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What Legalized Marijuana Could Mean for Illinois


Is Illinois on the path to legalizing recreational marijuana? Gov. J.B. Pritzker, who was sworn in Monday, said as much during his inaugural address in Springfield.

“In the interests of keeping the public safe from harm, expanding true justice in our criminal justice system, and advancing economic inclusion, I will work with the legislature to legalize, tax and regulate the sale of recreational cannabis in Illinois,” Pritzker said on Monday.

The effort to legalize marijuana also has support from at least some members of the state legislature.

State Sen. Heather Steans, D-Chicago, and state Rep. Kelly Cassidy, D-Chicago, are sponsors of a proposed plan that would allow anyone 21 or older to use cannabis legally. The pair of legislators unveiled their plan in 2017.

The idea also has support from some Illinois residents. Two years ago, the Paul Simon Public Policy Institute at Southern Illinois University conducted a poll in which about 66 percent of people said they supported the recreational use of cannabis, while about 30 percent said they were against it.

In November, nearly 90 percent of Chicago voters said they would support revenue from marijuana sales being used to fund schools.

Medical cannabis is legal for some uses in Illinois, and possession of up to 10 grams of cannabis has been decriminalized since 2016.

Dr. Aaron Weiner, director of addiction services at Linden Oaks Behavioral Health, said legalizing cannabis without sufficient regulations could lead to problems.

“Creating the commercial market is a bad idea … if you create an industry [and not a] policy … [where] the motive is to make as much money [as possible],” Weiner said.

According to a November 2018 report by the Illinois Economic Policy Institute, if the state were to legalize recreational cannabis use, Illinois would generate more than $500 million in tax revenues, create more than 23,000 jobs and boost the state’s economy by $1 billion annually. Additionally, the report claims it would allow the state to make more pension payments and investments in infrastructure, K-12 public schools, college assistance programs and drug treatment and prevention programs.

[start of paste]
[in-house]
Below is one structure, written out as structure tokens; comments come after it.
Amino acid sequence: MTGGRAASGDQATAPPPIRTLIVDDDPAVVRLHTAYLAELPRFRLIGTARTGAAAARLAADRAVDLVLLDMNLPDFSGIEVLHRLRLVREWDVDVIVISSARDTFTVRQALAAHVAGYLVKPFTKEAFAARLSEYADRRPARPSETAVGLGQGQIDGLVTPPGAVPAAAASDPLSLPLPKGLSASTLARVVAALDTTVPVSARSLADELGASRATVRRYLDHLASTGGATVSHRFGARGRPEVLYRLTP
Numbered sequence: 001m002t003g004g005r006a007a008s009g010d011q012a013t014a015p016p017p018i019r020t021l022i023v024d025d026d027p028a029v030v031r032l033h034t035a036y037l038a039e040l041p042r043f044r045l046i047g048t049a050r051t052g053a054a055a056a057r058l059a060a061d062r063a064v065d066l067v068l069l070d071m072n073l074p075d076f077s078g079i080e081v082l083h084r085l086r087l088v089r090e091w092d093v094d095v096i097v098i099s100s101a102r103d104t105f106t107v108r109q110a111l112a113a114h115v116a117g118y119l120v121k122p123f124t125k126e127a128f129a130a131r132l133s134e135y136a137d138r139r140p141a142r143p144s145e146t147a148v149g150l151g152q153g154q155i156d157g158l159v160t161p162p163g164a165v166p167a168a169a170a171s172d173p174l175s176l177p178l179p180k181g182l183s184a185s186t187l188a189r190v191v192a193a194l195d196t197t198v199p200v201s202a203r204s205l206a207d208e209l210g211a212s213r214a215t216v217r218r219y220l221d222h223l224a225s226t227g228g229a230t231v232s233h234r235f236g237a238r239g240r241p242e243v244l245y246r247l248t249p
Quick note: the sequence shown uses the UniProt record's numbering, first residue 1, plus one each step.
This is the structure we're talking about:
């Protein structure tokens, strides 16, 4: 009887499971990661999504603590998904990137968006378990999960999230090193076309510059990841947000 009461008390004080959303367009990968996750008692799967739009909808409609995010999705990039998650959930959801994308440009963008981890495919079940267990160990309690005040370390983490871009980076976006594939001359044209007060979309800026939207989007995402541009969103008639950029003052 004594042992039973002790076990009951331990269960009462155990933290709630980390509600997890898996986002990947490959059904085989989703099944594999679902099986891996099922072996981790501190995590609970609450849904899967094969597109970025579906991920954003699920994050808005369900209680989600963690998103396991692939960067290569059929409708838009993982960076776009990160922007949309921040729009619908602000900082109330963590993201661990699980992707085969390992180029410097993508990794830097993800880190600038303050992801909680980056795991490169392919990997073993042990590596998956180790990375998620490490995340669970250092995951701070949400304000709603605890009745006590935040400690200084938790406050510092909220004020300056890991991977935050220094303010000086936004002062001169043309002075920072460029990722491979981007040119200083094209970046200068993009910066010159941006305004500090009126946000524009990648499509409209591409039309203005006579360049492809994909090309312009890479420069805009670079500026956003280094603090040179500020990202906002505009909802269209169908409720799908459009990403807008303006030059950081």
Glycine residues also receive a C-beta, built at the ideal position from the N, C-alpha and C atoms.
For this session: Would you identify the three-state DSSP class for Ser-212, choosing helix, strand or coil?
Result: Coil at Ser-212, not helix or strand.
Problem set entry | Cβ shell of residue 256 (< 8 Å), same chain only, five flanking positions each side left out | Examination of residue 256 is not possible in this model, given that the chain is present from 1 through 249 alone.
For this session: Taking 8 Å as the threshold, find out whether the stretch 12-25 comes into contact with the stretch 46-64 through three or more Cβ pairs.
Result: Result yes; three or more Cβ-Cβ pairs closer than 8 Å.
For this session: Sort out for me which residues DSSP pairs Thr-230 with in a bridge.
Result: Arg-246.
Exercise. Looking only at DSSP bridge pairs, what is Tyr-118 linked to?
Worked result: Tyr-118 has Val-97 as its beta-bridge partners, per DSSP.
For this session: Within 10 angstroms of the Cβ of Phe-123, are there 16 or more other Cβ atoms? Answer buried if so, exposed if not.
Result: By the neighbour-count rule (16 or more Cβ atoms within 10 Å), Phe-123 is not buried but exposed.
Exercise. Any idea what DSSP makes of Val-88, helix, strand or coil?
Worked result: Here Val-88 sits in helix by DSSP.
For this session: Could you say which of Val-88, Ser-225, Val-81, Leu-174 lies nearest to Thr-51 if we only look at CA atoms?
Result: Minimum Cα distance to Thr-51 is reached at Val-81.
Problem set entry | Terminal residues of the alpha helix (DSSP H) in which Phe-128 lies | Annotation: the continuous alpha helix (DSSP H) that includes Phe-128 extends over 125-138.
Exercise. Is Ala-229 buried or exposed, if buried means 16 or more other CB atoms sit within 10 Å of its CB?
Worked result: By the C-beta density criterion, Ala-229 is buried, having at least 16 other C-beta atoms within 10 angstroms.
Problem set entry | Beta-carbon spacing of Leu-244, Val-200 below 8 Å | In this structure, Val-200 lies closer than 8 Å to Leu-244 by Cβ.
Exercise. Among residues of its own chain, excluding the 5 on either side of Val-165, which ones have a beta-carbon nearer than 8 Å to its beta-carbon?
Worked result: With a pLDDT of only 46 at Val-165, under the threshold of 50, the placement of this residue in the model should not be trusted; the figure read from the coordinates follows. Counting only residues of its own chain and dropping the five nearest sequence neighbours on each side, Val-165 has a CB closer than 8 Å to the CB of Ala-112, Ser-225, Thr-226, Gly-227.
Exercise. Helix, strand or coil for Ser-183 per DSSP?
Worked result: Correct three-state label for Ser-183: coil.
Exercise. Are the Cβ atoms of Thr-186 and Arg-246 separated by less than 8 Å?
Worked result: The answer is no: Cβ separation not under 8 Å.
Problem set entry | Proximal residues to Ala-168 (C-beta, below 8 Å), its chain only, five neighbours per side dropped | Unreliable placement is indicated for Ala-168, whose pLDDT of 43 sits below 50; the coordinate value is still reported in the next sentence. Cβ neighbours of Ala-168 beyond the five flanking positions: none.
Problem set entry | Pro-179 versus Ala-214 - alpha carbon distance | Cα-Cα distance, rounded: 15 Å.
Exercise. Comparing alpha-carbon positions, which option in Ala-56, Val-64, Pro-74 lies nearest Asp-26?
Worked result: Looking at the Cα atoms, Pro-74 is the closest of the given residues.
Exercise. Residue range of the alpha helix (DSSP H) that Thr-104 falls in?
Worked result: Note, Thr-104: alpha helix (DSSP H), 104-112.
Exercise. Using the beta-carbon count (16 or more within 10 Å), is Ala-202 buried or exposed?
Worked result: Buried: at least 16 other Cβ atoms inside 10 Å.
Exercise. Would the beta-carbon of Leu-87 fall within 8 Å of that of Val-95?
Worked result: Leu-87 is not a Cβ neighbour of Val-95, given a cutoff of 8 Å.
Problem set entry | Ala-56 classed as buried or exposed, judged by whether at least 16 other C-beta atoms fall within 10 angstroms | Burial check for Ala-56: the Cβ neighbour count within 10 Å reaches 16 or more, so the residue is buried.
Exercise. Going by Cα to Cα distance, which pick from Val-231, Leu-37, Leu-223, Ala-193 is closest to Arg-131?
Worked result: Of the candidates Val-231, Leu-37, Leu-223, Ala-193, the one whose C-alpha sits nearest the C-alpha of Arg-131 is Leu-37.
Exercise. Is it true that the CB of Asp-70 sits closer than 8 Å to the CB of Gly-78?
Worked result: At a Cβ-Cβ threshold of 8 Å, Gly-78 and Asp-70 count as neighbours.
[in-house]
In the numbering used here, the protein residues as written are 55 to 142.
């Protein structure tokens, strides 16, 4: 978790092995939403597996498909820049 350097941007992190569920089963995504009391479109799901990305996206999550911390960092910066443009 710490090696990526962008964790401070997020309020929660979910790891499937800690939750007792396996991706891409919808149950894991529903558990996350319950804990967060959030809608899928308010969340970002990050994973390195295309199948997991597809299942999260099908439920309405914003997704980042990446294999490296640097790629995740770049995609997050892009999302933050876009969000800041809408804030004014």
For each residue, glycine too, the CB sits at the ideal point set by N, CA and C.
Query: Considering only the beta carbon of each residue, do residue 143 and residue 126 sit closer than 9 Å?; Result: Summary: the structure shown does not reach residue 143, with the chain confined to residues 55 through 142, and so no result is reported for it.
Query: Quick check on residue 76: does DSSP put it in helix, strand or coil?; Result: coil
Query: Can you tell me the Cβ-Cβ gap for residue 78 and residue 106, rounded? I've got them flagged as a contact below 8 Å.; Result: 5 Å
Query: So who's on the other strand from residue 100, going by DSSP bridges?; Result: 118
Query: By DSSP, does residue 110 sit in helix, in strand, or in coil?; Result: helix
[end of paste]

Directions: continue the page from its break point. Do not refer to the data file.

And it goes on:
Sharone Mitchell, deputy director of the Illinois Justice Project, sees legalization as an opportunity for equity for communities of color that have been impacted negatively by drug policy.

The IJP and other organizations are working closely with Steans and Cassidy on the measure.

“What we’re looking at doing is ensuring that individuals who have been caught up in the system through poor drug policy are able to have their records expunged,” Mitchell said. “That it does not hold them back from housing, education and work.”

Also important is ensuring that the pool of people benefiting from the sale of cannabis is diverse, Mitchell said.

“We want to ensure that funding or tax benefits that can come from the sale of legal cannabis are reinvested in communities that have been damaged by the criminal justice system,” he said.

It is up the state legislature to legalize adult cannabis use. Other states, such as Alaska, California, Colorado, Maine, Massachusetts, Nevada, Oregon and Washington, legalized adult cannabis use through voter ballot measures. Vermont did so through legislation.

Last year, Michigan became the first state in the Midwest to legalize recreational cannabis.

Weiner and Mitchell join Chicago Tonight for a discussion on the state’s potential path to legalized recreational marijuana.


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